On islands, such as the Okinawa South-West Islands, freshwater lenses that can be found in the upper layers of underground aquifers are important water sources. However, their availability is expected to decrease significantly due to the sea-level increase caused by global warming. As freshwater is pumped from lenses, the phenomenon of saltwater up-coning may occur and may potentially lead to the entry of saltwater into the freshwater wells and the contamination of the abstracted water. In this study, hydraulic coefficients in the catchment bowling were estimated by numerical experiments and the amount of water up-coning was evaluated by numerical simulations solving the three-dimensional density-dependent groundwater flow coupled with salinity transport. Several well configurations were investigated and relevant experimental data from an actual water-pumping site were used. Results show that it is possible to design well structures to efficiently avoid saltwater intrusion, taking into account the pumping rate and the distance between horizontal strainers among other parameters.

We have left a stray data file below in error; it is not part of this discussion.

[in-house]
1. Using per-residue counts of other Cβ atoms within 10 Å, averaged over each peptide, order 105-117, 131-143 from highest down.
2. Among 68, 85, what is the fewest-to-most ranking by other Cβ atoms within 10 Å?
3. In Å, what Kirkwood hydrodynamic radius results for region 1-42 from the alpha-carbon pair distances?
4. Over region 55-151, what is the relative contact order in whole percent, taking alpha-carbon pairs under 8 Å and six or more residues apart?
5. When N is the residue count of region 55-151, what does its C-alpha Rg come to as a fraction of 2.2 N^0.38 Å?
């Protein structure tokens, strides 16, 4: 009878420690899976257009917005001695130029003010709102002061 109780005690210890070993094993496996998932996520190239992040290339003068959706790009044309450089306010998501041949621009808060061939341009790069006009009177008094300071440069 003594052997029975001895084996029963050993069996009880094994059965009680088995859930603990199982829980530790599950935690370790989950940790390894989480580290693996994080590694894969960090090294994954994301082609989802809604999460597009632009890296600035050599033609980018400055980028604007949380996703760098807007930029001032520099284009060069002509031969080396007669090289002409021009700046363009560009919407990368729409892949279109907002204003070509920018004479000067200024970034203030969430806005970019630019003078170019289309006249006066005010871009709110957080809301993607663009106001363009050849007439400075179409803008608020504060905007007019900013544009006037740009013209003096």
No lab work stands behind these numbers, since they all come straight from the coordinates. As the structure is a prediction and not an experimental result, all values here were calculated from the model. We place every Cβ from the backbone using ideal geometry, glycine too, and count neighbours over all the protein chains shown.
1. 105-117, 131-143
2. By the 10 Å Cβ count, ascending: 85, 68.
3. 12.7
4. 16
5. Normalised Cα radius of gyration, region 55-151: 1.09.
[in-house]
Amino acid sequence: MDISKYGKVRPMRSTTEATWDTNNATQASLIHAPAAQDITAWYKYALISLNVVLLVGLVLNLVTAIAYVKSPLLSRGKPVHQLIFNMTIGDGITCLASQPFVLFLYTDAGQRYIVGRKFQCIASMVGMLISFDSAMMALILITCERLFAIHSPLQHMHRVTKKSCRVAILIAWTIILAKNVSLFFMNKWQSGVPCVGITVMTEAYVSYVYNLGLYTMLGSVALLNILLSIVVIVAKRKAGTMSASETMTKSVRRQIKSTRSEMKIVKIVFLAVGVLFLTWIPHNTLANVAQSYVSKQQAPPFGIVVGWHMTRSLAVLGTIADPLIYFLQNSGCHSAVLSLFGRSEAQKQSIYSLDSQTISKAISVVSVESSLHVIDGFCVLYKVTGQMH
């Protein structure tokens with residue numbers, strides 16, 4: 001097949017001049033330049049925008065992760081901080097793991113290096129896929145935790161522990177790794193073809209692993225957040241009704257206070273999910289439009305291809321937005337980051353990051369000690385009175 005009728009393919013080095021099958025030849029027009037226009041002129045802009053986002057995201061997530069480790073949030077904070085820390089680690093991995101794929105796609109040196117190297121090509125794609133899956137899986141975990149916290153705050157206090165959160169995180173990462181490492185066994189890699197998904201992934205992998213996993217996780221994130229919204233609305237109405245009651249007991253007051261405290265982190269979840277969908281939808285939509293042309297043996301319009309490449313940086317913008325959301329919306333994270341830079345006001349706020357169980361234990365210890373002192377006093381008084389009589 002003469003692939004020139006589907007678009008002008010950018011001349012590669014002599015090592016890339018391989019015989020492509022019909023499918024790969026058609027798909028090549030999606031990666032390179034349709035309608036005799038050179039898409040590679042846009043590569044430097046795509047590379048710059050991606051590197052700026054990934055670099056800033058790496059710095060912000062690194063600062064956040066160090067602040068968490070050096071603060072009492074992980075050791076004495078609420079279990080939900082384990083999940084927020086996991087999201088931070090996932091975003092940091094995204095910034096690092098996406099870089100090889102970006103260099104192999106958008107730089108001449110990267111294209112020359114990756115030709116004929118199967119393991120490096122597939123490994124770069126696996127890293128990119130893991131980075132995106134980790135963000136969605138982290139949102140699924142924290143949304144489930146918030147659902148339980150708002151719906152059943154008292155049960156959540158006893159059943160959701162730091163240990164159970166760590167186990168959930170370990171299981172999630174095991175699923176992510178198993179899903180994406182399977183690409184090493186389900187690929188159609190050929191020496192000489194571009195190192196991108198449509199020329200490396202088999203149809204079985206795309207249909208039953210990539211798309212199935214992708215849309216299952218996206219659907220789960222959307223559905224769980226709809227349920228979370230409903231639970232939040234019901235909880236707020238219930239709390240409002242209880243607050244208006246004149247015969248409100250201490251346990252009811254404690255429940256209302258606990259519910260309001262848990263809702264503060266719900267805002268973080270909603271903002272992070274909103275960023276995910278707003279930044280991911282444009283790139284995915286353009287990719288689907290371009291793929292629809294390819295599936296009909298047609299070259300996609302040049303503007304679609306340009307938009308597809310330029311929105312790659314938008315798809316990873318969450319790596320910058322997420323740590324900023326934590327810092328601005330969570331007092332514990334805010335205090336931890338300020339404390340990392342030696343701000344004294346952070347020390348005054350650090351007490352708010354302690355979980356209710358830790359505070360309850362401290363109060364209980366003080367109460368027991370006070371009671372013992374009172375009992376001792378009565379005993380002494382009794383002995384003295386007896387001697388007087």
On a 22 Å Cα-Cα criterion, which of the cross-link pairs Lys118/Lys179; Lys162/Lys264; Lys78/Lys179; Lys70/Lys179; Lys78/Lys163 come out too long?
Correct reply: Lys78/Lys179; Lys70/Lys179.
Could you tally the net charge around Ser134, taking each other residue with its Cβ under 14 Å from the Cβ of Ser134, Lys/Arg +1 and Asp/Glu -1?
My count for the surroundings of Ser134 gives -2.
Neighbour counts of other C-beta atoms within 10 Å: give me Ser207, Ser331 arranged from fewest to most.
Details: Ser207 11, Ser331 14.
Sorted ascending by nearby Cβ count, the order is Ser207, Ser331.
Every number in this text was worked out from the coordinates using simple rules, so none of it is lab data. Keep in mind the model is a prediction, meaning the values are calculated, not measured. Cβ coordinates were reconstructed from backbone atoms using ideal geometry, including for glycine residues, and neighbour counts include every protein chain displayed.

Radioactive substances that were widely dispersed by the accident at TEPCO's Fukushima Daiichi Nuclear Power Plant were adsorbed by soil and can be discharged with suspended solids during rainfall. It is therefore important to quantify the movement of the radioactive substances adsorbed by the suspended solids. We have developed a model to simulate the production and transport of suspended solids depending on their particle sizes, because finer soil particles tend to adsorb more radioactive substances than coarser particles. We then integrated the model into a catchment-scale distributed hydrological model to evaluate the spatiotemporal variation in radioactive transport associated with suspended solids in streamflow. With this model, a continuous hourly simulation was carried out in a dam catchment in Fukushima Prefecture. The results show that the model captures the discharge of radioactive substances both in large and small flood events, indicating that the model can be used for event-based prediction as well as for evaluating long-term influences of radioactive substances on water resources.